HR Dive discusses the President’s July 9 executive order provision “taking aim at” non-compete agreements.

Biden’s order leaves some questions unanswered. It does not ban or impact any existing employment agreement, Chris Marquardt, partner at Alston & Bird, told HR Dive in an email. “Employers will need to wait and see what the Federal Trade Commission does in response to the Executive Order before thinking about its potential impact,” he said.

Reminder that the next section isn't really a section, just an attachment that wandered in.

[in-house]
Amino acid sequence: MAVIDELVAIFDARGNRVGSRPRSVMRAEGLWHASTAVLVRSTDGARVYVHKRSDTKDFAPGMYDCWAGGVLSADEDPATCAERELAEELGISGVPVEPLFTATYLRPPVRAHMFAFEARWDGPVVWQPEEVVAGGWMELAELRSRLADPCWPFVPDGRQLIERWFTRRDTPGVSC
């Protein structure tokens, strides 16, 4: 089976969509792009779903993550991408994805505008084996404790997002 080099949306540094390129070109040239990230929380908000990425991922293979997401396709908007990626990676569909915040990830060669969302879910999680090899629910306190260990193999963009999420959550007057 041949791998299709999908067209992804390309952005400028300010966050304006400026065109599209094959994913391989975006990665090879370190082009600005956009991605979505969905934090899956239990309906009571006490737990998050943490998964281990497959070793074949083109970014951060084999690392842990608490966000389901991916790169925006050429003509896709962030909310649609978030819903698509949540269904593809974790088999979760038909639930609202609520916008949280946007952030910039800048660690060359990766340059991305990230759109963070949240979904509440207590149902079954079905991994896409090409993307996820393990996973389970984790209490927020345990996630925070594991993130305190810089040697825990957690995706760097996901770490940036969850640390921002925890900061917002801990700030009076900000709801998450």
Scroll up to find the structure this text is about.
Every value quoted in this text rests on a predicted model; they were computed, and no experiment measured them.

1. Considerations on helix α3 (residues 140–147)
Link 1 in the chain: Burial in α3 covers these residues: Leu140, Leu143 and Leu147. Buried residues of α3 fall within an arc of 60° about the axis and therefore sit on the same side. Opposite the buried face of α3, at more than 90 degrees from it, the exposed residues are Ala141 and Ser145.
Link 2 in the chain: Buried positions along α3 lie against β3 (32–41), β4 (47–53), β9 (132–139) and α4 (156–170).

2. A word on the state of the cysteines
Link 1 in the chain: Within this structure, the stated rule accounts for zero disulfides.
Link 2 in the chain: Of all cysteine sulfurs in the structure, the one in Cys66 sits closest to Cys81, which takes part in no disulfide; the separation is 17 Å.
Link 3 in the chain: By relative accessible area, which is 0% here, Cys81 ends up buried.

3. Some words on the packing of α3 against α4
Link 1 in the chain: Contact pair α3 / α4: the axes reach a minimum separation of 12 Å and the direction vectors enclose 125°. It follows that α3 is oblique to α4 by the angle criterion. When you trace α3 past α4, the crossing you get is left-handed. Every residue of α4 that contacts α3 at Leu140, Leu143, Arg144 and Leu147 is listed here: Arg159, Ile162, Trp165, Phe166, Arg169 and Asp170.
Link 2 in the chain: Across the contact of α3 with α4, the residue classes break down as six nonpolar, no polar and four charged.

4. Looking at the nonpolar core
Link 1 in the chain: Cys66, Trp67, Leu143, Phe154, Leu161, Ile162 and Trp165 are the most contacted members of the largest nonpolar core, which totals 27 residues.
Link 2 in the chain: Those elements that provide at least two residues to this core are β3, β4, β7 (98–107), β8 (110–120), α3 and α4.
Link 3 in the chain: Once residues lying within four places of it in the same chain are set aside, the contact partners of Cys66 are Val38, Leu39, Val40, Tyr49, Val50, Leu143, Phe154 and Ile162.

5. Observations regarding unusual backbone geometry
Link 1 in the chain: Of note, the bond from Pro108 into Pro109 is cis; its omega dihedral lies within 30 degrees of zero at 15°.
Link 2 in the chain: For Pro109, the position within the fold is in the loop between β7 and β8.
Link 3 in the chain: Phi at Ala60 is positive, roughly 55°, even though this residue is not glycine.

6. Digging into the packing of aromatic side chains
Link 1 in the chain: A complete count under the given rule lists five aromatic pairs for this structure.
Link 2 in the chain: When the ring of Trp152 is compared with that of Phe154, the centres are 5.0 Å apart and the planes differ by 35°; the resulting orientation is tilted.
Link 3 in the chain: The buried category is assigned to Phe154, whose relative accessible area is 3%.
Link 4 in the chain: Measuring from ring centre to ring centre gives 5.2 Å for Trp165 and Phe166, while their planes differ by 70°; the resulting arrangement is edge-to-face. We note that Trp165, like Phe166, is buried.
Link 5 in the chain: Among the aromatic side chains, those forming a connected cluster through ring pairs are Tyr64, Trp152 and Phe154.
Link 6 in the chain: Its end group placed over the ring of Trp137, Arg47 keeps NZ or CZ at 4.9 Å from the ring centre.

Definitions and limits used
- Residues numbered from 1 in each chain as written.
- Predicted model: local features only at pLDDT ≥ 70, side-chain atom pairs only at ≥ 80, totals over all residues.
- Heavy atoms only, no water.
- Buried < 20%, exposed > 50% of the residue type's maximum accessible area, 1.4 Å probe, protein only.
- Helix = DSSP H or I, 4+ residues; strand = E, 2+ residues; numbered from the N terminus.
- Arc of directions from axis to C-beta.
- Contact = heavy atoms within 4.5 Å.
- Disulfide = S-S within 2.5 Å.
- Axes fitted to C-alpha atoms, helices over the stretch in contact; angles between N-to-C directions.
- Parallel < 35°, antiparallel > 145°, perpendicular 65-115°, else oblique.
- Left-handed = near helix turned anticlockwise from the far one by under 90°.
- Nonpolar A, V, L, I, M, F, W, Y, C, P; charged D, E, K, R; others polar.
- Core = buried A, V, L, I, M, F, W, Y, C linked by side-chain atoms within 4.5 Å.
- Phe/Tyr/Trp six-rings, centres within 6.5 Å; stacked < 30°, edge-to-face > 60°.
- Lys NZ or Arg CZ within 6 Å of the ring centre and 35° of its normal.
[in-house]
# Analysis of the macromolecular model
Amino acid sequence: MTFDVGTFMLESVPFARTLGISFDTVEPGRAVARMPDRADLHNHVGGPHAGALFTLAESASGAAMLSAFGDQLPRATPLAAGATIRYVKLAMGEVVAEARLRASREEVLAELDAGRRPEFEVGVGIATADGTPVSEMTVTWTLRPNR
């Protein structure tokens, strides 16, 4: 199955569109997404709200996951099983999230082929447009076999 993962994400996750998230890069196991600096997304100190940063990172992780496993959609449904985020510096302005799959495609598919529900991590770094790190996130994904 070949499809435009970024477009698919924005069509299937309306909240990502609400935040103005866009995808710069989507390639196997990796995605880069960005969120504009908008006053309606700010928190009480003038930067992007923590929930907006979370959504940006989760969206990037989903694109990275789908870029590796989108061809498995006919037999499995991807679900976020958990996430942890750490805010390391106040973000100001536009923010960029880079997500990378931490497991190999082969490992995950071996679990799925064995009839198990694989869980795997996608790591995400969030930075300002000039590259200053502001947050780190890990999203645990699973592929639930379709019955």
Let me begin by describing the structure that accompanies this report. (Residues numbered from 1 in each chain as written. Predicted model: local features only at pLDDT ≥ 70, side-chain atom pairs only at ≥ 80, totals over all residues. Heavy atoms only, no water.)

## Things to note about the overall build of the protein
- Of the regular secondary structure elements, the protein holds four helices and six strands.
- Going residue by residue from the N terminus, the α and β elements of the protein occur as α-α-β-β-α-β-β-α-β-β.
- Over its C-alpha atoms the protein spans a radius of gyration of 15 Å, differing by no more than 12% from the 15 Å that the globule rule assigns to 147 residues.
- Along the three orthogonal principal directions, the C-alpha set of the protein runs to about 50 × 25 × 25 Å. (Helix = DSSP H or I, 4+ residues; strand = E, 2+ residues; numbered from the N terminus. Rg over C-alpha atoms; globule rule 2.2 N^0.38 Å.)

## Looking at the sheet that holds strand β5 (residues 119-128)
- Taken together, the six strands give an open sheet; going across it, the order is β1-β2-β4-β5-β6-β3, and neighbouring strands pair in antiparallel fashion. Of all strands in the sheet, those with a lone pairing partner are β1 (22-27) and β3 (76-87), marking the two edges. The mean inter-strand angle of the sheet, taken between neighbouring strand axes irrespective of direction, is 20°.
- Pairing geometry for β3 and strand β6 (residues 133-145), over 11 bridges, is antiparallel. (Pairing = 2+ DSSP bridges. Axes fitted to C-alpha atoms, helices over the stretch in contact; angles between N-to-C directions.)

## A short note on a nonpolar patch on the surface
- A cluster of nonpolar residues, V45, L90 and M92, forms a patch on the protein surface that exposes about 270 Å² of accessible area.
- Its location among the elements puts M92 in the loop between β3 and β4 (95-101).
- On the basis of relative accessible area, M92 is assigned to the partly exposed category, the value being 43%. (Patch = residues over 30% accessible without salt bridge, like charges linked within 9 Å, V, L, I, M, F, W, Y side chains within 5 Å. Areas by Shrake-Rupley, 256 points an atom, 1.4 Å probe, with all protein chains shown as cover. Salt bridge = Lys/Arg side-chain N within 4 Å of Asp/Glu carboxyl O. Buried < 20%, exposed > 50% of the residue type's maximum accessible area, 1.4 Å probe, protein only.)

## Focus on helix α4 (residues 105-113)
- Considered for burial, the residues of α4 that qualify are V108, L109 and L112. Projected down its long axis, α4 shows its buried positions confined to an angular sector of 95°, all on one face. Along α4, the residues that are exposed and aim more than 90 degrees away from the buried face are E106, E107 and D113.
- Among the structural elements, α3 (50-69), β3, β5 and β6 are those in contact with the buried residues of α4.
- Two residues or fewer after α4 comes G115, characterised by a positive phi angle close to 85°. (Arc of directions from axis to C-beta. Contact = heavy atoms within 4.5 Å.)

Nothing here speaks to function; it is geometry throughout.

Among other reasons, intellectual property and trade secrets have been cited as cause for use of non-competes. But the agreements have been the subject of criticism for potentially driving down wages in certain industries and geographic areas.

Govexec.com offers an interesting take on how the July 9 executive order seeks to use Federal procurement and regulations to promote competition